Who was it who mentioned Fram oil filters and dropping oil pressure?

Page 6 of 16  
On 11/23/09 6:09 PM, in article snipped-for-privacy@news1.newsguy.com, "Nate Nagel"


"...15 years ago" - that's the problem with this whole thread. Everybody is arguing antique anecdotal evidence and apparently no one has any actual facts to contribute. For all we know from this discussion, they had one bad production run in 1994 and everybody is still talking about it.
Try this experiment - the next time you change the oil filter, up end the old one and see how long it take to drain out. I'll bet you find no difference from one brand to another, I know I haven't. Nobody's ADBVs work worth a damn.
The real issue is whether the filter media meets mfr's specs & that element seems to never enter into the discussion.
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wrote:

Just for kicks, here's a look at filters one guy did. http://people.msoe.edu/~yoderw/oilfilterstudy/oilfilterstudy-updates.html
10 years old. But you could study a filter today, and tomorrow they change it at the factory. I've used all kinds of filters, and my practice is to dump their contents into the drain pan. They all dump their contents just fine. Some might glug a bit more than others. BFG. Never had a base down oil filter configuration. Most seem to have been base-up at about 45 degrees. My Ford 352 was the only one I can recall that was close to vertical - base up. Most of my cars have been GM. They'll dump some oil when removed. A rag is your friend. No big deal. How many here fill their new filter with oil? I never did. Never noticed any undue lack of pressure when starting up with a dry new filter either. I think most lifter noise at startup is because they are cold, not because they don't almost immediately pump up. Anyway I don't pay much attention to filters, except I don't buy Fram. Usually just go with AC. Not because I know anything about them, but because the raps against Fram filtered in long ago. Funny how a rep can stick, whether still deserved or not. Anyway, filter selection is mostly voodoo. Never liked the idea of toilet paper oil filters, will say that.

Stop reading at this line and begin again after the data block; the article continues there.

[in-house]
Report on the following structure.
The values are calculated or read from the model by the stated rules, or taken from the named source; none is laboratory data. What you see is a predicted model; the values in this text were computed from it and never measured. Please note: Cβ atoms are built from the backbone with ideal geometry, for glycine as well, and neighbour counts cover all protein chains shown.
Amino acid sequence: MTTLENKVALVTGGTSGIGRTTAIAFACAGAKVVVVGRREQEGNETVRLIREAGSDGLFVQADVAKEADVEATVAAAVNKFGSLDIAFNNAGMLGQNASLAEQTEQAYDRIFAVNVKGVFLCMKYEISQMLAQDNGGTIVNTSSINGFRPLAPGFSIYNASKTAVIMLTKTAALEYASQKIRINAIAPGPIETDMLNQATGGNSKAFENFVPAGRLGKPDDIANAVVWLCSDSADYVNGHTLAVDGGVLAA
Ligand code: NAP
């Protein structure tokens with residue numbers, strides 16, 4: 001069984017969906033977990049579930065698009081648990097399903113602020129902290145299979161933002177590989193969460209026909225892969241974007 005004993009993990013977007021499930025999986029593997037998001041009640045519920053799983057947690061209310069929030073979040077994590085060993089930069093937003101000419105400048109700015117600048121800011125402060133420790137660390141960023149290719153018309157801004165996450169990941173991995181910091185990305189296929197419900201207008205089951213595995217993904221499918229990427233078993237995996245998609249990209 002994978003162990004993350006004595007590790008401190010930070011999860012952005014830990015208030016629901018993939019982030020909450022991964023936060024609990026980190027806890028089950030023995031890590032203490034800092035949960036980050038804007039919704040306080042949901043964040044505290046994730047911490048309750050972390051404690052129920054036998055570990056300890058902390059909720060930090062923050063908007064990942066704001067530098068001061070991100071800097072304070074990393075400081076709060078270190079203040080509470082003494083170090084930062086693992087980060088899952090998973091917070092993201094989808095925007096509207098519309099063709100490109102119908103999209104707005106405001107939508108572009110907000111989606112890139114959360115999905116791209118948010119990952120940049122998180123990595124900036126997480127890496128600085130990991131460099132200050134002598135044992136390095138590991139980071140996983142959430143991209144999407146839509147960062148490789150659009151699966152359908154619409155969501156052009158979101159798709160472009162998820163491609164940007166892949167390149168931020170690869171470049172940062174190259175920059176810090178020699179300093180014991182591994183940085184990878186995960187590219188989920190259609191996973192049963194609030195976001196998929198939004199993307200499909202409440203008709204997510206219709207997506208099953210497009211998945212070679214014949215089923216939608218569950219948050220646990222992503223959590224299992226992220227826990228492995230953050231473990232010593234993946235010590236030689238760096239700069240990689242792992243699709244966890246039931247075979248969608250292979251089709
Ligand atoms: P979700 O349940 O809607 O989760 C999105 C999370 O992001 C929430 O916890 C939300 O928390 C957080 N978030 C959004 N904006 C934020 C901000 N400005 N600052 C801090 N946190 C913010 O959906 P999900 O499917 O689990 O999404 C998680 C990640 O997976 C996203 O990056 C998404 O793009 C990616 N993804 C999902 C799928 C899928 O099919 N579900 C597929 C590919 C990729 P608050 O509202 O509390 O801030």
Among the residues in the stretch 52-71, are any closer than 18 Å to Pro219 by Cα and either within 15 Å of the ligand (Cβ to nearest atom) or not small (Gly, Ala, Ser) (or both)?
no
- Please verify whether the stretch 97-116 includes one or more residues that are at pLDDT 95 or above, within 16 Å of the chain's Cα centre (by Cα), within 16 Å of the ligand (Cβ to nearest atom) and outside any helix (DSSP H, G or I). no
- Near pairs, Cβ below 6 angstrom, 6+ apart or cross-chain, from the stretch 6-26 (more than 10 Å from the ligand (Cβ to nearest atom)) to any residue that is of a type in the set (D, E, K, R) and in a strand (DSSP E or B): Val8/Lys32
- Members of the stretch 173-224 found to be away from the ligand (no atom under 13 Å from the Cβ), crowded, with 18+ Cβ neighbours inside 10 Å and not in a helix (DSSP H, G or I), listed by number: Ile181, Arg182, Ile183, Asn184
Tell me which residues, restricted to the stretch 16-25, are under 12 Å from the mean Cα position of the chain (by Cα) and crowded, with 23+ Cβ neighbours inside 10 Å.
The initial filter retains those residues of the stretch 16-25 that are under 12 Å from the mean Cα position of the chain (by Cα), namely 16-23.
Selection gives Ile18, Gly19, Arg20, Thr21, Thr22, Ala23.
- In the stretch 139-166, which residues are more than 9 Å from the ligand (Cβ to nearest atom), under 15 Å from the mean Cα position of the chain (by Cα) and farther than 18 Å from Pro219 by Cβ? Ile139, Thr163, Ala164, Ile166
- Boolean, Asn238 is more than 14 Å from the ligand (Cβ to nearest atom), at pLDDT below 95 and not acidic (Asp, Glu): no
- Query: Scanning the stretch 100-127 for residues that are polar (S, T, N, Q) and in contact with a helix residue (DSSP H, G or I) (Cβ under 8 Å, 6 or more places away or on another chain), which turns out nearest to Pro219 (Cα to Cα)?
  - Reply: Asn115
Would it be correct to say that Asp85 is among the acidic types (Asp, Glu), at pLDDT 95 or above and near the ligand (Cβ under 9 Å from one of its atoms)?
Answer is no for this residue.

--Vic
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On Tue, 24 Nov 2009 09:34:43 -0600, Vic Smith

About 4 years ago, just before I got rid of our 1988 3.0 liter New Yorker it got a Fram filter installed - and the lifters clattered on startup - about 30 seconds on a warm day, up to 90 seconds on a cooler day. oil pressure took longer to come up. I didn't leave it on for the full 5000Km - changed it to a Wix manufactured Napa filter and the clatter went away - immediately.
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You got that right!
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hls wrote:

meanwhile Wix, Purolator, and Champion Labs have NEVER had a bad run significant enough to register on our collective radar screens. 'nuff said.
nate
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On Tue, 24 Nov 2009 21:02:12 -0500, Nate Nagel wrote:

We're going to try to get the Caravan into our guitar player's shop to do the brakes, and at the same time I'm going to have him get me a Wix filter for the Soob. It's 800 miles early, but the oil p dropped and started that horrible clacking noise again. It's supposed to be nice Sat and Sun, so I'll do an early oil change.
Results posted when I do.
Note: changing the oil does not always result in stopping the clacking...
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Hachiroku ハチロク wrote:

*chuckle* no it does not...
once upon a time I bought a BMW 535i with high miles and an exhaust leak (but near pristine body and interior)